This is a smarter automatic binding generator. It uses program analysis to infer most of the annotations that would normally be required for a tool like SWIG. The analysis frontend, IIGlue, takes LLVM bitcode as its input. This bitcode can be produced by either clang or the dragonegg plugin for gcc. My scripts for generating whole-program LLVM bitcode are useful here.
The analysis currently automatically identifies:
- Output parameters
- Array parameters
- Allocator and finalizer functions
- Nullable pointers
Many details of the analysis can be found in the PLDI 2009 paper.
A python ctypes code generator is included: IIGen. This produces a single Python file with:
- Struct type definitions to enable field access
- Enumeration definitions of symbolic constants
- A function stub for every function in the library, callable from Python
The generated bindings have special treatment for certain C idioms.
Output parameters are fully managed by the bindings and are returned
as multiple return values (wrapped in tuples). Array parameters can
accept Python lists. Values returned by allocators are automatically
__del__ methods. Null checks are inserted for
parameters that will cause a crash if they are NULL.
The transformations performed on the code are described in the docstrings of each function.
Dependencies / Building
The analysis and code generator are written in Haskell. Currently, it requires GHC >= 7.2 (only tested with 7.4.1). It also depends on LLVM 3.0 and llvm-config must be in your PATH. The build system is currently set up to use the LLVM shared libraries (instead of the static libraries). The whole-program LLVM compiler wrapper depends on Python.
A few dependencies are not on Hackage:
- a forked version of language-python
These are currently only available from my github account.
Installation would look something like:
REPOSITORIES="hbgl-experimental language-python archive-inspection llvm-base-types llvm-data-interop llvm-analysis foreign-inference" # Download the repositories for REPO in $REPOSITORIES do git clone git://github.com/travitch/$REPO.git done # Add ./ prefixes to each repository (for cabal) TOINSTALL=`echo ./$REPOSITORIES | sed 's: : ./:g'` # Build the tools along with dependencies cabal install $TOINSTALL # Set up the whole-program LLVM wrapper git clone git://github.com/travitch/whole-program-llvm.git export PATH=$PATH:`pwd`/whole-program-llvm
This will put the
IIGen binaries in
Binaries for i386 and x86_64 Linux are available on my
tar xf gsl-1.15.tar.gz cd gsl-1.15 # Compile using the whole-program llvm wrapper LLVM_COMPILER=clang CC=wllvm CFLAGS="-g" ./configure --prefix=`pwd`/root make && make install extract-bc root/lib/libgsl.so.0.16.0 # Analyze IIGlue --repository=`pwd` root/lib/libgsl.so.0.16.0.bc # Generate FFI binding IIGen libgsl.so.0.16.0.json > gsl.py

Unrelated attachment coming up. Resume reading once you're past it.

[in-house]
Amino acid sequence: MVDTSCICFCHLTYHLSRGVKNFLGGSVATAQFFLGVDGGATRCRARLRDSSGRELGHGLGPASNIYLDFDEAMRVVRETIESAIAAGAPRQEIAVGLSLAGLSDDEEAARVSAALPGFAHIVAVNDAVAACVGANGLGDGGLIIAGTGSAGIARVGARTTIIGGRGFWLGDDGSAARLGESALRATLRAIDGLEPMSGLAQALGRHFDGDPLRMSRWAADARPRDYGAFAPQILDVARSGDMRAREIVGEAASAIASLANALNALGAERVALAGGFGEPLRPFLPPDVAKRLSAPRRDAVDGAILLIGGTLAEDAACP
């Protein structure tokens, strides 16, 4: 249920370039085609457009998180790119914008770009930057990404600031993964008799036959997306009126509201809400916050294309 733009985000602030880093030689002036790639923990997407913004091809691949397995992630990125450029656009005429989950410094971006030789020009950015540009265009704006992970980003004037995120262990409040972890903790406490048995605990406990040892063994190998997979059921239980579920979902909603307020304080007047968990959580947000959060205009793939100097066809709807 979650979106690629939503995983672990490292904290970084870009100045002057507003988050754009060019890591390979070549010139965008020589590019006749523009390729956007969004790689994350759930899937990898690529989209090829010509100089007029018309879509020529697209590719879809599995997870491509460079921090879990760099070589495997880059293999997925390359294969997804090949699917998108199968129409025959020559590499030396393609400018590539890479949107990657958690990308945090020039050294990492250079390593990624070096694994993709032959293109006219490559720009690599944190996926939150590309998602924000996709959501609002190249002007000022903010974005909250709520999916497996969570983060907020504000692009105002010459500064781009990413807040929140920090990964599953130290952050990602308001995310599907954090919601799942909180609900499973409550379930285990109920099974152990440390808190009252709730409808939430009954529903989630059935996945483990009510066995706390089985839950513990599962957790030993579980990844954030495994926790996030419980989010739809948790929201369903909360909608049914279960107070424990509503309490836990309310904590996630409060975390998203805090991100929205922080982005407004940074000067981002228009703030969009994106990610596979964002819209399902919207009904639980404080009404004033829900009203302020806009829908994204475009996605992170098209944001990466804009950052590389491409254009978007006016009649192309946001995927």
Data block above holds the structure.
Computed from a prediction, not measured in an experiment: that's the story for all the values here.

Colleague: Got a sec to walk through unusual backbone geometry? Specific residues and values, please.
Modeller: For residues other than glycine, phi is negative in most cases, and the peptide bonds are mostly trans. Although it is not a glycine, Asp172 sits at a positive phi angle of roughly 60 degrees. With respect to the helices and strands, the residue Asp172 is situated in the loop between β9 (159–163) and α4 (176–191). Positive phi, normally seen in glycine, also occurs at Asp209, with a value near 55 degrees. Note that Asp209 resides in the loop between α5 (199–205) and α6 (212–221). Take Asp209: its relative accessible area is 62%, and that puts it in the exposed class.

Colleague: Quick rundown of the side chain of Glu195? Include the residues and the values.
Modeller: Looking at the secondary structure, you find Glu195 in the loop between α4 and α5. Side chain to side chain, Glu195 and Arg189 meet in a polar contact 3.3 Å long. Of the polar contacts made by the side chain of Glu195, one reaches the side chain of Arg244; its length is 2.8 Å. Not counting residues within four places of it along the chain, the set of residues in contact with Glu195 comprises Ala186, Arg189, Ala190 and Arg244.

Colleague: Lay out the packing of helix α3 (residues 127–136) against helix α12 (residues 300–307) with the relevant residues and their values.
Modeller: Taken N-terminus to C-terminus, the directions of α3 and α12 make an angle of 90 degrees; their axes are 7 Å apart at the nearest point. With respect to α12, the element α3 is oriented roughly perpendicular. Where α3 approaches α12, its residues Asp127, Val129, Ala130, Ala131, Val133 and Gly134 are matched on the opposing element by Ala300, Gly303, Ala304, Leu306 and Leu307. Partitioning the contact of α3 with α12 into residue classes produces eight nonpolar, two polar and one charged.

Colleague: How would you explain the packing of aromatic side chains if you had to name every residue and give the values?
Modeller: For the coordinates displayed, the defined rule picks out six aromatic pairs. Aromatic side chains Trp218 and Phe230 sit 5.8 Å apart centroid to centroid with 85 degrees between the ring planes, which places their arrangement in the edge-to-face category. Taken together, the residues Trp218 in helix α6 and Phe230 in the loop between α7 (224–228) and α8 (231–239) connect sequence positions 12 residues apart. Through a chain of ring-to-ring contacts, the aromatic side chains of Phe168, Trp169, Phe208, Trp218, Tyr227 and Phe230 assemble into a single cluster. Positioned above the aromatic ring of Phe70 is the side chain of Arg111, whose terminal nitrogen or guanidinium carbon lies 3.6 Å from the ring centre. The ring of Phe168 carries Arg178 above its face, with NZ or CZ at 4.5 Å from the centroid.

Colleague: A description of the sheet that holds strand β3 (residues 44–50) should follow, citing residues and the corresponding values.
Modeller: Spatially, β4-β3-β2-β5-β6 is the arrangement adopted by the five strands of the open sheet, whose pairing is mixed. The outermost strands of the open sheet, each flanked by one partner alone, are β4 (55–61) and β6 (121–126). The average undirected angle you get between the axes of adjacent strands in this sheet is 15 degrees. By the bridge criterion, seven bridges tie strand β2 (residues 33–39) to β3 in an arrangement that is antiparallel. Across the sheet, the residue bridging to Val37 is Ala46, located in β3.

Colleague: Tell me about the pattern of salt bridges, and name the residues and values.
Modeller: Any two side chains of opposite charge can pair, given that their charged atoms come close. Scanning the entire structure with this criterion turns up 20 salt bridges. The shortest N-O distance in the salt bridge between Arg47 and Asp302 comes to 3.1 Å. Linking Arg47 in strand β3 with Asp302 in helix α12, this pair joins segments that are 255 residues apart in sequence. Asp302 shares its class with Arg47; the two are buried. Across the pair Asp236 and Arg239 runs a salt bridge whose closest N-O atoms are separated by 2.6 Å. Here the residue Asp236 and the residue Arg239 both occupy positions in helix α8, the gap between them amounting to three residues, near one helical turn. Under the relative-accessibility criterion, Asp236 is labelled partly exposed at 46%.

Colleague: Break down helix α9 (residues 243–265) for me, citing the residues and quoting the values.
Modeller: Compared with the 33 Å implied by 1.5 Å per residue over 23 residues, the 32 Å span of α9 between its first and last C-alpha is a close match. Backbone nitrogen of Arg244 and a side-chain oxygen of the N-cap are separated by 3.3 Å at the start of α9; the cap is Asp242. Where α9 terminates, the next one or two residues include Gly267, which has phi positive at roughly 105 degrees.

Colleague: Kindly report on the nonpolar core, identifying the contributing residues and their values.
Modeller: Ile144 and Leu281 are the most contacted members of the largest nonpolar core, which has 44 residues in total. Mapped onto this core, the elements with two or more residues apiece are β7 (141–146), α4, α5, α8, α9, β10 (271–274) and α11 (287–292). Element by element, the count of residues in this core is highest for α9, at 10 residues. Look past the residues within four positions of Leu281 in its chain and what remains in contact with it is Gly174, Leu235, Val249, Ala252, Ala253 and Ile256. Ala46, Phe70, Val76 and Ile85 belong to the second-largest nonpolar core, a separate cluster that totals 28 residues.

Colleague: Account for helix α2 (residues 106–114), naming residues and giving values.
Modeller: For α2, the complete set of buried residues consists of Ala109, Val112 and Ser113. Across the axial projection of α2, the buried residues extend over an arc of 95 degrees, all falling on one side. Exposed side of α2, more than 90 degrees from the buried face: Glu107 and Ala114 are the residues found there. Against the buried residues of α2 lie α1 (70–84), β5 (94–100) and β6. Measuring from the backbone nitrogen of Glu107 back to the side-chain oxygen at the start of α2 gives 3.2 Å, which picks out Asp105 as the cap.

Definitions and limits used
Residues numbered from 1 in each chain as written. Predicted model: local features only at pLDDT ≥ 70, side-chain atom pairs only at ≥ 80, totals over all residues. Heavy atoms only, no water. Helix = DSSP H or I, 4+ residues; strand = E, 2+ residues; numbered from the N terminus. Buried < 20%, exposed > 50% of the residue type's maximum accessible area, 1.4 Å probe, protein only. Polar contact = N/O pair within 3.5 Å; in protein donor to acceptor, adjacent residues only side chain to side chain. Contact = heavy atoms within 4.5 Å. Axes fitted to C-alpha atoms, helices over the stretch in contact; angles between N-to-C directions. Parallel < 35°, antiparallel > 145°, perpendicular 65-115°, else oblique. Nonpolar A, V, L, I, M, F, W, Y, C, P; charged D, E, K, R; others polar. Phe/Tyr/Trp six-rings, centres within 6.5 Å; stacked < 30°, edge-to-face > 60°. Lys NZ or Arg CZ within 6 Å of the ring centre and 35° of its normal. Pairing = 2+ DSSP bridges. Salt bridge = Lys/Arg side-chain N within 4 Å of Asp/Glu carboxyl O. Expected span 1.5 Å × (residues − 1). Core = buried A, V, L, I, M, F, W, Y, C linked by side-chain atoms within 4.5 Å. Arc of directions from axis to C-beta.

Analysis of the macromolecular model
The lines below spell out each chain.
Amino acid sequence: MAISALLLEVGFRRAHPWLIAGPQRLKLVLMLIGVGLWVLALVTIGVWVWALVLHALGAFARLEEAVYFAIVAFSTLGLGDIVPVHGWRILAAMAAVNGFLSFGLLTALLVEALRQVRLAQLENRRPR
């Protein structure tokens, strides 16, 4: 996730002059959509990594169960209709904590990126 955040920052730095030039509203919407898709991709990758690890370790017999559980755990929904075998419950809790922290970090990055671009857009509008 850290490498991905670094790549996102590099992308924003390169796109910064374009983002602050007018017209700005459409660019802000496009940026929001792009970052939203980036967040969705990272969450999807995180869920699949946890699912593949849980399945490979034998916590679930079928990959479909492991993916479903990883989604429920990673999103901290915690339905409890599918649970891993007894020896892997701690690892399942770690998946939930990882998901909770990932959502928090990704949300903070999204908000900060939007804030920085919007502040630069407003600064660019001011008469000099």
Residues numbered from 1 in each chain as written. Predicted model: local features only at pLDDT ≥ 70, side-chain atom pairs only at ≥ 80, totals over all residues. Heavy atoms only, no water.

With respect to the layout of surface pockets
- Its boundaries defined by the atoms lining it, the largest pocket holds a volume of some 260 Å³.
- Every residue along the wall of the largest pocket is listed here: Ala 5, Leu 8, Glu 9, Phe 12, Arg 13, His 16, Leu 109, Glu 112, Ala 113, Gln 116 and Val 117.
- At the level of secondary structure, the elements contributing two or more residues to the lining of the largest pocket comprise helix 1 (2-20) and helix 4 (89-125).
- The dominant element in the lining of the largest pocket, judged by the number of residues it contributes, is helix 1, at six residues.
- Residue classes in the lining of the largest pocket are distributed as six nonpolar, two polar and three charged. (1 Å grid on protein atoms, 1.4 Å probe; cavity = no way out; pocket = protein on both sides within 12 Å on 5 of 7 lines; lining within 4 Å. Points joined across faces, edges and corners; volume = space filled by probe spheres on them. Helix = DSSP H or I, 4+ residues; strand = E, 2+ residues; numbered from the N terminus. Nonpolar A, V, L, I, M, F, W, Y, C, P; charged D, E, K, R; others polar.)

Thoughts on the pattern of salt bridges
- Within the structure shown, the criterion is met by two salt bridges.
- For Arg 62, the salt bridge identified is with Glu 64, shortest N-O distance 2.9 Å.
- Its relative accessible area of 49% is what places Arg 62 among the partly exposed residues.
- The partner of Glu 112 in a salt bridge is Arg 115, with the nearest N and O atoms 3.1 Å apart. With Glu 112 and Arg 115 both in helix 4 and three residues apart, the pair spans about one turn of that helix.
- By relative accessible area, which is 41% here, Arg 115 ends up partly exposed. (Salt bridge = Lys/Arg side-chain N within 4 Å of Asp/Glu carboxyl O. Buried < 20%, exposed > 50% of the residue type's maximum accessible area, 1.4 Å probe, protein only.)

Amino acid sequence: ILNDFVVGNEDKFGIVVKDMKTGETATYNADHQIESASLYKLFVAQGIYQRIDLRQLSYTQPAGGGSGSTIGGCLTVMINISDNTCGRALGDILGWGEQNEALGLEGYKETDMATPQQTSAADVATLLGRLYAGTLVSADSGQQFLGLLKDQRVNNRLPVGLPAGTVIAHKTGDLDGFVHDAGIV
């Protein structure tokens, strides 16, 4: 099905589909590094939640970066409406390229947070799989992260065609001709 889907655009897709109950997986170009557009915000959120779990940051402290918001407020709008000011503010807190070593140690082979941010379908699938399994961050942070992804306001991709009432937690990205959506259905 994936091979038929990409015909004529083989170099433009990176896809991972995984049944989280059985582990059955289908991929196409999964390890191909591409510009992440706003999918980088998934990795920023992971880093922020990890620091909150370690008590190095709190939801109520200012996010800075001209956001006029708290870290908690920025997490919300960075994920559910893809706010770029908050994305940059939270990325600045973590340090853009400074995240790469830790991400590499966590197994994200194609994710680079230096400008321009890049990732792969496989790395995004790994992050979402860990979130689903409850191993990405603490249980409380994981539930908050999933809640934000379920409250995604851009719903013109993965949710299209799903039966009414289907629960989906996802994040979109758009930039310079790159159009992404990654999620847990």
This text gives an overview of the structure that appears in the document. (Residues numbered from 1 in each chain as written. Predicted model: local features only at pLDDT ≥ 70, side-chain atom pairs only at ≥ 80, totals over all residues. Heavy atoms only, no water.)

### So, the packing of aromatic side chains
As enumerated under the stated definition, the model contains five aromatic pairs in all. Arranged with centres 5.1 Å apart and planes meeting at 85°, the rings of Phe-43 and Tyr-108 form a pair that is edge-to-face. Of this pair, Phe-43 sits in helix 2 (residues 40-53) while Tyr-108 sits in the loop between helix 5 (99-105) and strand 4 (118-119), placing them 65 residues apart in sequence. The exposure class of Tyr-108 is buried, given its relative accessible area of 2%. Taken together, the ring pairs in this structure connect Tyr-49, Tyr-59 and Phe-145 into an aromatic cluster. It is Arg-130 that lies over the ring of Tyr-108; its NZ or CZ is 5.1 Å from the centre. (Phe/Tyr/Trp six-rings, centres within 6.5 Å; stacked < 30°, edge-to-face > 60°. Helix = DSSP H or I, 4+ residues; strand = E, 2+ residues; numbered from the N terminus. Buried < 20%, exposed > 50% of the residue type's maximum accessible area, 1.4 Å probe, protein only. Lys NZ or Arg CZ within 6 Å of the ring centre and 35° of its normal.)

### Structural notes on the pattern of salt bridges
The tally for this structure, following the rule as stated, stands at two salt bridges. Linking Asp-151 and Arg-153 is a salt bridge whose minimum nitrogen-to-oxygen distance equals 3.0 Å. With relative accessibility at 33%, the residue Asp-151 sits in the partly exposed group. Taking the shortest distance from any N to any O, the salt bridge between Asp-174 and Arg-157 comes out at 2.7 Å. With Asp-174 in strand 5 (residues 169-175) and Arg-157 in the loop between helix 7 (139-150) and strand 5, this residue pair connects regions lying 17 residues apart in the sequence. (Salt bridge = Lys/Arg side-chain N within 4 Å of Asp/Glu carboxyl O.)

First, the library must be converted to LLVM bitcode. This example
uses my whole program LLVM wrapper to compile the library twice: once
into a normal binary and once into bitcode (obtained with
Next, the bitcode is analyzed with
tells the tool both where to put the summary for the input module,
along with where to find dependency modules. The output is a summary
of the input module (in this case,
IIGlue requires the LLVM
opt executable to be in your
Finally, the summary is fed to
IIGen to produce a Python module that
defines wrappers to call library functions.
The full set of options for
--dependency=DEPENDENCY A dependency of the library being analyzed.
This option allows dependencies of a library to be specified. The
summaries for dependencies are loaded and improve the precision of the
analysis. Dependencies are specified by the name of the shared
library that the input depends on (e.g.,
libcblas.so.0.0.0 is a
dependency for gsl).
--repository=DIRECTORY The directory containing dependency summaries. The summary of the input library will be stored here. (Default: consult environment)
This option is required, but may also be set through the environment
INFERENCE_REPOSITORY. This option tells the analysis the
directory it should look in to find dependency summaries. It also
tells the analysis where to write the summary for the input module.
--diagnostics=DIAGNOSTIC The level of diagnostics to show (Debug, Info, Warning, Error). Default: Warning
Control over diagnostic output
--source=FILE The source for the library being analyzed (tarball or zip archive). If provided, a report will be generated
Tell the analysis the source tarball that was used to build the input
library. This is used to provide detailed reports about the analysis
results, including source lines that led the analysis to report each
of its annotations. This option is only used if
--reportDir=DIRECTORY The directory in which the summary report will be produced. Defaults to the REPOSITORY.
Write an HTML report describing the annotations inferred to the given
--source is also specified, the report includes
hyperlinked breakdowns of individual functions.
--annotations=FILE An optional file containing annotations for the library being analyzed
If the analysis cannot infer all of the annotations you think it should, you can use this option to provide it with some manual annotations that it will include in its output and analysis. This is most useful to annotate complicated allocation functions that the analysis cannot prove are actually allocators (due to memory pooling, for example).
The format is the same as the output.
-? --help Display help message
IIGen currently does not support any options. It always writes its
output to standard output. The modules it generates work with both
Python 2.x and Python 3.x.